Why was Dunkirk an success?
- 338,000 troops were evacuated when Churchill only believed 50,000 would come back.
- Reduced the need for peace talks between Germany and Britain. Churchill belived in fighting for a few more months in which Atless and Greenwood agreed. However, Halfix believed that the war was lost and that a peace settlement with Mussoilini acting as a mediator would be possible. Chamberlian agreed to the idea of peace, but not Mussoilini as a mediator as Chamberlain believed that Mussolini wouldn't offer 'decent terms'. Halifax was outmaneouvered but during the summer of 1940, via the British embassy in Stockholm Halifax tried to find out what peace terms the Germans would agree to. Evetually, Halifax was removed from the Cabinet and sent to the US to act as a ambassador.
- 140,000 of the troops resecued were French which contributed to the Free French movement.
- Churchill used the rescue as propoganda to boost British morale with the 'Dunkirk Spirit'.
- Part of the success has to be down to the decision of von Runstedt who didn't pursue the Allies on Dunkirk because half of the tanks were damaged, the others required maintenance and were unsuitable for for the beaches of Dunkirk. In addition,there priority was the defeat of France with Goering boosting that the Luftwaffe could single handidly finish France off. This was thwarted by bad weather-rain and fog- and the RAF.
- It convinced the US that Britain were prepared to fight on.
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Why was Dunkirk a failure?
- The equipment that the British lost at Dunkirk couldn't easily be replaced as it was dependent on whether America would become involved in the war effort and the threat of the U-Boats in transporting resources. Britain was now more dependent on the US.
- Of the 756 ships, two-thirds were civillains which shows how desperate Britain was.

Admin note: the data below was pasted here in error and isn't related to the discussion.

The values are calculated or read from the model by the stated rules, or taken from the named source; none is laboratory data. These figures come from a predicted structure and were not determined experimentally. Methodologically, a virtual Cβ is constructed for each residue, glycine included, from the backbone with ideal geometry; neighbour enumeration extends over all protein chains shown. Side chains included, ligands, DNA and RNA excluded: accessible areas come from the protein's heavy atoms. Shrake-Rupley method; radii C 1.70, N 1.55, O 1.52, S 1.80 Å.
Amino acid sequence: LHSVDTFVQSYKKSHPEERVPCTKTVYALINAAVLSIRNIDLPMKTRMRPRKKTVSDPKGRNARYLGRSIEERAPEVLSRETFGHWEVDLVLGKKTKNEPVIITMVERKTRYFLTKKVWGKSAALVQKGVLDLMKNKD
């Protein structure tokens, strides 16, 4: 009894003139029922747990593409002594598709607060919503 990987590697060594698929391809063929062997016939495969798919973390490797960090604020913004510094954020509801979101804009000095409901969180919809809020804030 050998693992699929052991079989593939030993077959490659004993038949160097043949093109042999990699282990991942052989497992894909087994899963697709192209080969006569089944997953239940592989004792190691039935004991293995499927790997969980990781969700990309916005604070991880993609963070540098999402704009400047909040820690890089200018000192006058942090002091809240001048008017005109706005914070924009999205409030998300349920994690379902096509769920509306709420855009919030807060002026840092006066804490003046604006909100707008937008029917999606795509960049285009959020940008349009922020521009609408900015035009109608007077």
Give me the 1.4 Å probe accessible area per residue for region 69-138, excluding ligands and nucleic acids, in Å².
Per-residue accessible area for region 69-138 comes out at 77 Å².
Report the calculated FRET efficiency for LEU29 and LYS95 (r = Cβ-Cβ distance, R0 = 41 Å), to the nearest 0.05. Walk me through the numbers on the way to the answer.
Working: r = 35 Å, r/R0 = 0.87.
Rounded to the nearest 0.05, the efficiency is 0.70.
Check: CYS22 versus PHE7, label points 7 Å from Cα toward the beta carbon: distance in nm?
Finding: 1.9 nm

- The Italians declared war knowing that Allied defeat was imminent which weakened Britians international presitge.
- Germans are now able to pursue air attacks on Briain which could have damaged morale.
- Not in British interests.
- Placed more stressed on the RAF and the Royal Navy. The Royal Navy had already lost 6 destroyers, 8 transport ships and 200 vessels.
- Germany stronger now than in 1939 as they gained defences such as the Magniot Line and access to the Channel.
- Had 68,000 British casualities and 290,000 for the French compared to the 27,074 casualites for the Germans and 11,034 injured.
- Spirit of Dunkirk creates a false sense of security e,g the threat of the Triparte Pact.
- Left France and Belgium to their fate so Britain now stands alone against a Nazi-dominated Europe.
- no prospect of bombing or blockading Germany into surrender.
- Operation Sea-Lion is now a real possible threat.
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American Support between 1939 and onwards
- Roosevelt and Churchill started a private correspondence with each other in early 1939 which became a vital communication between Anglo-American relations.
- In late 1939, Roosevelt persuaded Congress to amend the Neutrality Act to allow the Allies to purchase arms on a 'cash-and-carry' basis.
- After the Fall of France, Roosevelt became more sympathetic towards the British cause so allowed Britain to have 50 of their WWI destroyers for a 99 year lease of air and naval bases in the West Indies and Newfoundland.
- The British also brought 500,000 rifles, 85,00 machine guns, 900 field guns, 25,000 automatic rifle which had been in the US army stores and collected them from US ports to replace the equipment which was lost in France.
- In the later part of 1940, more than half of the British imports were from Canada or the US. Canada provided interest free loan or gifts, but the US were different. Britain had to pay for all of the US equipment provided.
- At the end of 1940, British commited amounted to $10 billion with an adverse of payments of $2 billion. Exports continued to fall that by the end of 1940, it was half of pre-war level.
- Industrial production rosed to 96% during the war. Federal budget in 1939 was $9 billions which rose to $116 billion by 1945. Supplied 20% of Britain's military equipment. American industry provided 2/3 of the Allied military equipment during the war: 297,000 aircraft, 193,000 artillery pieces, 36,000 tanks and 2,000,000 army tanks.
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- In September 1940 Germany, Italy and Japan drew up the Tripartite pact.
- It was a vagued expression of friendship rather than a fully pledged alliance.
- Japan had not join the war against Britain.
- Mussolini was Hitler's only chief ally between 1940-1941
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